The world's leading scientists are increasingly mobile but those who migrate are not necessarily more productive than their stay-at-home colleagues.
Research led by Andrew Oswald, professor of economics at the University of Warwick, says that nearly half the world's most-cited physicists work outside the country of their birth, with the majority migrating to the US early in their career.
However, the analysis, which was published in The Economic Journal, also indicates that migrants and non-migrants have similar levels of productivity.
Professor Oswald used data from the Institute for Scientific Information to study the career patterns of 158 of the world's most-cited "elite" physicists. Of the sample, 61.4 per cent have worked in more than one country, and 97.4 per cent for multiple institutions.
While the physicists were born in 32 different countries, they now reside in just 16. In particular, the study identifies a "brain drain" of scientific talent to the US, part of a trend of elite physicists migrating systematically to nations with large research-and-development budgets.
Professor Oswald said that an analysis of the international movement of the elite could help forecast a country's future scientific success.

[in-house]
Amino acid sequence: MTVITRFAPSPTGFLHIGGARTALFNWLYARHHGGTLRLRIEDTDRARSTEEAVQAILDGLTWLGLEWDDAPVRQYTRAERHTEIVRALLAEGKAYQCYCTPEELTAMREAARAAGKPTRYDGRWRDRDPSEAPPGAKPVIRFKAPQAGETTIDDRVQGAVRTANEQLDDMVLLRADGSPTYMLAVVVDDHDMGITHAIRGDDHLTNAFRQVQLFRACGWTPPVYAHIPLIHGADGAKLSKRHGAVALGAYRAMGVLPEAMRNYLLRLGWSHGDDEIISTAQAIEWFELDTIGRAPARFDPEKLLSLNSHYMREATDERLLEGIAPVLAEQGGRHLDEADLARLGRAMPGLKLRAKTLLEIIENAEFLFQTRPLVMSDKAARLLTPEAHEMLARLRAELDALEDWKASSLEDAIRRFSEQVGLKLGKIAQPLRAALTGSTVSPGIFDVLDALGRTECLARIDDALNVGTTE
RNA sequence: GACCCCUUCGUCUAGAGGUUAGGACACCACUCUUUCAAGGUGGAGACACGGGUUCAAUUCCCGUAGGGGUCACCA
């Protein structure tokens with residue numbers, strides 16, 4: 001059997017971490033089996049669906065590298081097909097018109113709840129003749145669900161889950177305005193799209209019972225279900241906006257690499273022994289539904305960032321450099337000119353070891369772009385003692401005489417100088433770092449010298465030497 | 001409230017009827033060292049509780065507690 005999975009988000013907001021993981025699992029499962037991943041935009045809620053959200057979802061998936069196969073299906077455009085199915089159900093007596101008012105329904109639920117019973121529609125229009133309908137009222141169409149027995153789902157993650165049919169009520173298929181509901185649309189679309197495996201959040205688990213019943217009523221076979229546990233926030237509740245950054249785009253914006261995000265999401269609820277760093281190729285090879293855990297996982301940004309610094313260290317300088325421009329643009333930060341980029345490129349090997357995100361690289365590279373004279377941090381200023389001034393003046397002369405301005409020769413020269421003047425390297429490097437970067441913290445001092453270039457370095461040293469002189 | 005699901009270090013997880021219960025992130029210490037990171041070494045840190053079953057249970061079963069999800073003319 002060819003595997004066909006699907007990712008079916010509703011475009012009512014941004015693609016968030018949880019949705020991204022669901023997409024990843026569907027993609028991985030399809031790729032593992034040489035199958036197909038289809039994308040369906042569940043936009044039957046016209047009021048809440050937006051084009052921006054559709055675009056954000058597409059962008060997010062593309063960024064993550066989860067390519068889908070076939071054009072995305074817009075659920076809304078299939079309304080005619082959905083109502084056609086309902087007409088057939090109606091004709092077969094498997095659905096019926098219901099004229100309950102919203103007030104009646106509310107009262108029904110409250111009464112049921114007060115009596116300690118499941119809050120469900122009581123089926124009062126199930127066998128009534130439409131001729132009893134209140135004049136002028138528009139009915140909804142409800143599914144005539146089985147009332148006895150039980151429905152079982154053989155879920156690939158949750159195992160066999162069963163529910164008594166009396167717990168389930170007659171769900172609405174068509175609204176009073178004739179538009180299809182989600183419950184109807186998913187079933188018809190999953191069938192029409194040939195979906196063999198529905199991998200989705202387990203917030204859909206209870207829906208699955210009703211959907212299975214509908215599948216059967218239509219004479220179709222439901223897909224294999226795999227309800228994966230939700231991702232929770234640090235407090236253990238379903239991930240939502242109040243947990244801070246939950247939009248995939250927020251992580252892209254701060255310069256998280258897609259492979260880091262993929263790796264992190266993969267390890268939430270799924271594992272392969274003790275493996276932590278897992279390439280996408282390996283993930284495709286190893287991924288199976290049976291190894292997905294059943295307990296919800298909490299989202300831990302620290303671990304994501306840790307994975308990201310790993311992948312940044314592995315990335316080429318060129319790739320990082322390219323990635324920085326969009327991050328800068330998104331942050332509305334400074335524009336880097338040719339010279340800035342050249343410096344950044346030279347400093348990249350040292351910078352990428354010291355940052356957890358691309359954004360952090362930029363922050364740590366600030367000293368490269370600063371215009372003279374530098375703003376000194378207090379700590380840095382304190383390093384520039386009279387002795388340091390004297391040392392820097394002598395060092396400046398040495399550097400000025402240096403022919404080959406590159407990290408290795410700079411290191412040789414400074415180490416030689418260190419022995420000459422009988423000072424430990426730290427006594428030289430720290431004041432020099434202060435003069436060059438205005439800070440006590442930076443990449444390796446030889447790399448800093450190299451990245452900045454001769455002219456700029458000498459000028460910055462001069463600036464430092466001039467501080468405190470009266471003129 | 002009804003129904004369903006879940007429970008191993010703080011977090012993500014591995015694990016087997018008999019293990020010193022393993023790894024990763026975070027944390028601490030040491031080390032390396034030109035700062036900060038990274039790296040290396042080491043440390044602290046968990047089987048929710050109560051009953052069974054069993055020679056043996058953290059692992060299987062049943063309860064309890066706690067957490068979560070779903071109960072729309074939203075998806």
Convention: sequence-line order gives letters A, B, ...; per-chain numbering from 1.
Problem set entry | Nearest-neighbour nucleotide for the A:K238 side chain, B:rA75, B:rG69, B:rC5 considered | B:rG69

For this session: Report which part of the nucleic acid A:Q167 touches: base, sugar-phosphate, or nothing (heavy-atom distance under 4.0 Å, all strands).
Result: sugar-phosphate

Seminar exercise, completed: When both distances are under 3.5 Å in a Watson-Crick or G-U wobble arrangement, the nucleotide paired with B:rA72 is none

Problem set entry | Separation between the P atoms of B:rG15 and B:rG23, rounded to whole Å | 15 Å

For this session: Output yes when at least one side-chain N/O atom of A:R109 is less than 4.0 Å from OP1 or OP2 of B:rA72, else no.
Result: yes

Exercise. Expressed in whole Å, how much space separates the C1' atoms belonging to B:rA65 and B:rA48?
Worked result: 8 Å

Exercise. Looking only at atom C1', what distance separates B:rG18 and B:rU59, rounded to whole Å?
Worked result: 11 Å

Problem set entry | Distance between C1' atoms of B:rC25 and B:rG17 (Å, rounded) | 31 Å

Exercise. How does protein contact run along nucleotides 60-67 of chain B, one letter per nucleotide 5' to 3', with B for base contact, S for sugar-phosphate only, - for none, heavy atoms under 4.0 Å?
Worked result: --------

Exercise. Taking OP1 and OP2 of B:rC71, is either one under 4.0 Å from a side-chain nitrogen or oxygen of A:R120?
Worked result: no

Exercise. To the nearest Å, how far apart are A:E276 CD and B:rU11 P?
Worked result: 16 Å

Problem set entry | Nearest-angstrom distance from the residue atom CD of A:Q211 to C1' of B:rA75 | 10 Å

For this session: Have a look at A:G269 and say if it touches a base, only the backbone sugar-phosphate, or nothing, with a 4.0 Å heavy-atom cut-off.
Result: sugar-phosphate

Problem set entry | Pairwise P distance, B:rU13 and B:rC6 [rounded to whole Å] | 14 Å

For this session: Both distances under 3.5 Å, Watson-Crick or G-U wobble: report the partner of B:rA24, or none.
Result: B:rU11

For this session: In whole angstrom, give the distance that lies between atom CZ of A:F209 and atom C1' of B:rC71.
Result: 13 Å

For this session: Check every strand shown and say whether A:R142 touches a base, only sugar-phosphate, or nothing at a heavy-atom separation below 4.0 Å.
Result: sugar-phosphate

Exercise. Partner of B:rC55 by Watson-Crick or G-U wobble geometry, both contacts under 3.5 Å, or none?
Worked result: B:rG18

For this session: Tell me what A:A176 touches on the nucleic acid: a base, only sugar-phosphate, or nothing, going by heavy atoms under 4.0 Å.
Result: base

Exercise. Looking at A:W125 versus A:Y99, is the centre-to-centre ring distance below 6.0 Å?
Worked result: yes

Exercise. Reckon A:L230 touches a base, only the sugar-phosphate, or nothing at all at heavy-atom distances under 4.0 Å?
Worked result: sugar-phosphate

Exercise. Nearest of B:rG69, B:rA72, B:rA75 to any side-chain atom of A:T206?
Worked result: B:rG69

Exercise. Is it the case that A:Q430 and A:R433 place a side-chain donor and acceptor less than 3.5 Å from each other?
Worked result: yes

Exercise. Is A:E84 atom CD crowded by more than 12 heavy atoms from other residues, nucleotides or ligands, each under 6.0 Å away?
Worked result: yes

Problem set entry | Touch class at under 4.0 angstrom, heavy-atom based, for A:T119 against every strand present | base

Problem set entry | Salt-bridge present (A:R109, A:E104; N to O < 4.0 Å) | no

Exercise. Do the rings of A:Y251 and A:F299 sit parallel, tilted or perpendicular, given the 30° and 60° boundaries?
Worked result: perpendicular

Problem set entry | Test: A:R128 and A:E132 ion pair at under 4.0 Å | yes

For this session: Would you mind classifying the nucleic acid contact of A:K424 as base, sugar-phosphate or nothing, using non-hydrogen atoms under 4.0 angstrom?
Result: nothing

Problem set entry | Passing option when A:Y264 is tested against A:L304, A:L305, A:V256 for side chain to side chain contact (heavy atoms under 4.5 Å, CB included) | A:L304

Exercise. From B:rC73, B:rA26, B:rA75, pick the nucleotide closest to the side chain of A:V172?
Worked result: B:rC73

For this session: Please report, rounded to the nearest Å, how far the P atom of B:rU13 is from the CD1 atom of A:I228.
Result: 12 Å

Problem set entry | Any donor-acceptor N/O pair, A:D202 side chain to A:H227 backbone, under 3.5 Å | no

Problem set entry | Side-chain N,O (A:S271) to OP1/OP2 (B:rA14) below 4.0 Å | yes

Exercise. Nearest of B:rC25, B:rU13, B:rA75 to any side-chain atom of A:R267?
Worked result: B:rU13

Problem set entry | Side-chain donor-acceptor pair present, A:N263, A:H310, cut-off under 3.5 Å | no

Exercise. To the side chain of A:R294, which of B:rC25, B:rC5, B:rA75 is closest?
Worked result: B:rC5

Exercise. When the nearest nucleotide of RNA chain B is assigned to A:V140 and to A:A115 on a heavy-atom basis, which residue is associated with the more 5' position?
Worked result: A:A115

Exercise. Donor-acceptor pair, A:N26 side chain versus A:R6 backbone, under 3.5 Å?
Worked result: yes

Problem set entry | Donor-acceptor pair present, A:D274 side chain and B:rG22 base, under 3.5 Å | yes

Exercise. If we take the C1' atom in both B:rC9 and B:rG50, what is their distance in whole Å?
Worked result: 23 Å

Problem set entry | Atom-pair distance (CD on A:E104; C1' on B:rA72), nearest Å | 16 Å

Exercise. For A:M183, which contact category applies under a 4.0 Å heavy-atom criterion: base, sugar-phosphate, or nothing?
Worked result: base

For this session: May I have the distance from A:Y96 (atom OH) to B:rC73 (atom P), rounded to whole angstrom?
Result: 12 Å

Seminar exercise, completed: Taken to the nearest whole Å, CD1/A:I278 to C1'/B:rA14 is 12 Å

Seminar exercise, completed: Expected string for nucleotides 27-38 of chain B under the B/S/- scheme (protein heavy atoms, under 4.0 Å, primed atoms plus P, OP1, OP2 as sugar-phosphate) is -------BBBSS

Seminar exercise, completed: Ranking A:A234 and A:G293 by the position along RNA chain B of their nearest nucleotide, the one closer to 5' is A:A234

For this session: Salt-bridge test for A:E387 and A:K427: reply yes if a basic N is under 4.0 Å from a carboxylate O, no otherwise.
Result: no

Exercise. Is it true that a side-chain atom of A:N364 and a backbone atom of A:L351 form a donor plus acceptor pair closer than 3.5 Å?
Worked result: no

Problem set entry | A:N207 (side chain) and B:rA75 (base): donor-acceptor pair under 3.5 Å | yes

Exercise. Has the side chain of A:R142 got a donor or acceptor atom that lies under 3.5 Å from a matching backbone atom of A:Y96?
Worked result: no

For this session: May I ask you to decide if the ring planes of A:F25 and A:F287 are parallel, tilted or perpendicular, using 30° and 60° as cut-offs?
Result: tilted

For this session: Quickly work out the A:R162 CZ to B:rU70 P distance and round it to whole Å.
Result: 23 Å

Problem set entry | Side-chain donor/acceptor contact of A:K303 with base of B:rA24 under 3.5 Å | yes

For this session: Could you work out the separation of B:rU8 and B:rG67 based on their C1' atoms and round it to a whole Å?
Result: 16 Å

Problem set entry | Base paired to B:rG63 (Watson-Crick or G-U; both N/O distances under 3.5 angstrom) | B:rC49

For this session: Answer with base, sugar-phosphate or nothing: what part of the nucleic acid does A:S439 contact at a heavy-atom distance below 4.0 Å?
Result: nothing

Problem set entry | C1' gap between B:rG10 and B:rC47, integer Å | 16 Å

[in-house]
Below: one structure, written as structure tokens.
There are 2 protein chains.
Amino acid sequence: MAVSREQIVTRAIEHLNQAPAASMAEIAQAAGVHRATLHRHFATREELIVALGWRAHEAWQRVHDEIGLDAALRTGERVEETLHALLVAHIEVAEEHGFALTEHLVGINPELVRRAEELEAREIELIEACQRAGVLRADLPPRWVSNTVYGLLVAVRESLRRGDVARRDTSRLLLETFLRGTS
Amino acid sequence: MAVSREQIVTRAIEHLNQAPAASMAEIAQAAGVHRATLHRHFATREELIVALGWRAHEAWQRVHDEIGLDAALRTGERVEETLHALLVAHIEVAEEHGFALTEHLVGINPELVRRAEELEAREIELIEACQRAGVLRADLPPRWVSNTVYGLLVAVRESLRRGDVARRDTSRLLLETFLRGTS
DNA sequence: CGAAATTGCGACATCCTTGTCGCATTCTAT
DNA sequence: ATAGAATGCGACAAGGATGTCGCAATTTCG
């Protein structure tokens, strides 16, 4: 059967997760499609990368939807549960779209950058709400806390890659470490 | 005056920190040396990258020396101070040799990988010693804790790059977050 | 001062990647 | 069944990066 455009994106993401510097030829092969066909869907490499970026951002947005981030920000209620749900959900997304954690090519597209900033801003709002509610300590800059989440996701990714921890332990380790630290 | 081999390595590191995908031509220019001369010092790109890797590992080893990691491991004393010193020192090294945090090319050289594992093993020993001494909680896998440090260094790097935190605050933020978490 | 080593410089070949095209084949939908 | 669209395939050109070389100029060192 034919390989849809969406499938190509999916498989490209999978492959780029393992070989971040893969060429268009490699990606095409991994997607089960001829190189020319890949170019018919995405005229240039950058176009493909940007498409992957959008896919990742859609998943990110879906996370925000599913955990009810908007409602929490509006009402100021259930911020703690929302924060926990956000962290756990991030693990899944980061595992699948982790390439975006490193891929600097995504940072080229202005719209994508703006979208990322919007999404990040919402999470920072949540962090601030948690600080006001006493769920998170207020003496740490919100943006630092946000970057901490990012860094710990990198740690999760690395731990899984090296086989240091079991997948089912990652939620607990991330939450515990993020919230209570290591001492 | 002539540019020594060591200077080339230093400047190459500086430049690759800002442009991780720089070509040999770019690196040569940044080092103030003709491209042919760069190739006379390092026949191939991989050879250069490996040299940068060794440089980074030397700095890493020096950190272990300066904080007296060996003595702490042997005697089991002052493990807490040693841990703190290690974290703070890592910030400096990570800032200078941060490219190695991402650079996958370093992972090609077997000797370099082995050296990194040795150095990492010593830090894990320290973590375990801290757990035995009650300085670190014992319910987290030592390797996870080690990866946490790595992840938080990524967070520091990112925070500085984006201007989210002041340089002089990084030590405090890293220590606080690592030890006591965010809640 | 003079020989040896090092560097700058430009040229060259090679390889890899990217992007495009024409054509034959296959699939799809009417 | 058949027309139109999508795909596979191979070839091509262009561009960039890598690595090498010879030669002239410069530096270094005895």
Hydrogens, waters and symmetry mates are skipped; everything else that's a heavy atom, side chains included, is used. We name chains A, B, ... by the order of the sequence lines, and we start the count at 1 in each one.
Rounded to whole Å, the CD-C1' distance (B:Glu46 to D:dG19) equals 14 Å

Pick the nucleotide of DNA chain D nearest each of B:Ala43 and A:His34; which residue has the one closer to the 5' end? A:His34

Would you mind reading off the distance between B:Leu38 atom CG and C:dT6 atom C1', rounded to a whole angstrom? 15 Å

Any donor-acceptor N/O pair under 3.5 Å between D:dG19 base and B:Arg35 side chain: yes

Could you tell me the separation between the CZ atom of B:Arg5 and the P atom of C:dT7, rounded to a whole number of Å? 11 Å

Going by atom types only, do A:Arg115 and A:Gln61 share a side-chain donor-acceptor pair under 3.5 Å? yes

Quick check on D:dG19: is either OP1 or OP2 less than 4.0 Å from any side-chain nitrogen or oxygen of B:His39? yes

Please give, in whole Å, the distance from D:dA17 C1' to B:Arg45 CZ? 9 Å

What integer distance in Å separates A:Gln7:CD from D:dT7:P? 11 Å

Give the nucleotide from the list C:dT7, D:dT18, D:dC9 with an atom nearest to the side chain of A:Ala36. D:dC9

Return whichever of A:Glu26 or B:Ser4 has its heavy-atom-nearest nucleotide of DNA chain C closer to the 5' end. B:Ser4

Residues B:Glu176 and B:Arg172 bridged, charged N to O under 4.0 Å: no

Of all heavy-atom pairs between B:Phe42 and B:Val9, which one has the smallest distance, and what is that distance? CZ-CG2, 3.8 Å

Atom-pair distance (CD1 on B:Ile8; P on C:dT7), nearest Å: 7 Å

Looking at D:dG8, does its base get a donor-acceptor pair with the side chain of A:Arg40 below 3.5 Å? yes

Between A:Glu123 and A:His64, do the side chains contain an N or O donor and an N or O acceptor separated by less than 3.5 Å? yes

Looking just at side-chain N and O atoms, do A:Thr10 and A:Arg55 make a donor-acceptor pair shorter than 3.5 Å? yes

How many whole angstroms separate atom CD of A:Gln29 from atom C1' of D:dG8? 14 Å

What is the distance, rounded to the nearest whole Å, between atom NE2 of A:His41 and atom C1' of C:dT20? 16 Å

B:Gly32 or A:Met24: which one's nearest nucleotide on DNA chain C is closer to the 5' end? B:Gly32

"If we believe that these very rare individuals create disproportionate benefits for society, then tremendous levels of mobility ought to be included in how we develop university funding," he said.
"The world's most important scientists gravitate to R&D spending, so as we raise or lower our science spending, we alter the flow of top scientists."
Despite this channelling of scientific talent into a small number of wealthy nations, the report states that "elite movers" are on average no more productive than "elite stayers", and that "in a world with low mobility costs, the distribution of talent can be expected to be similar across different countries".
Professor Oswald said: "One of the points we make is that in earlier decades, Nobel prizes were won more often by people who had migrated. We aren't sure why.
"Globalisation has lowered the costs of moving around the world: whereas in the old days it was only specialist scientists who moved around, nowadays it isn't."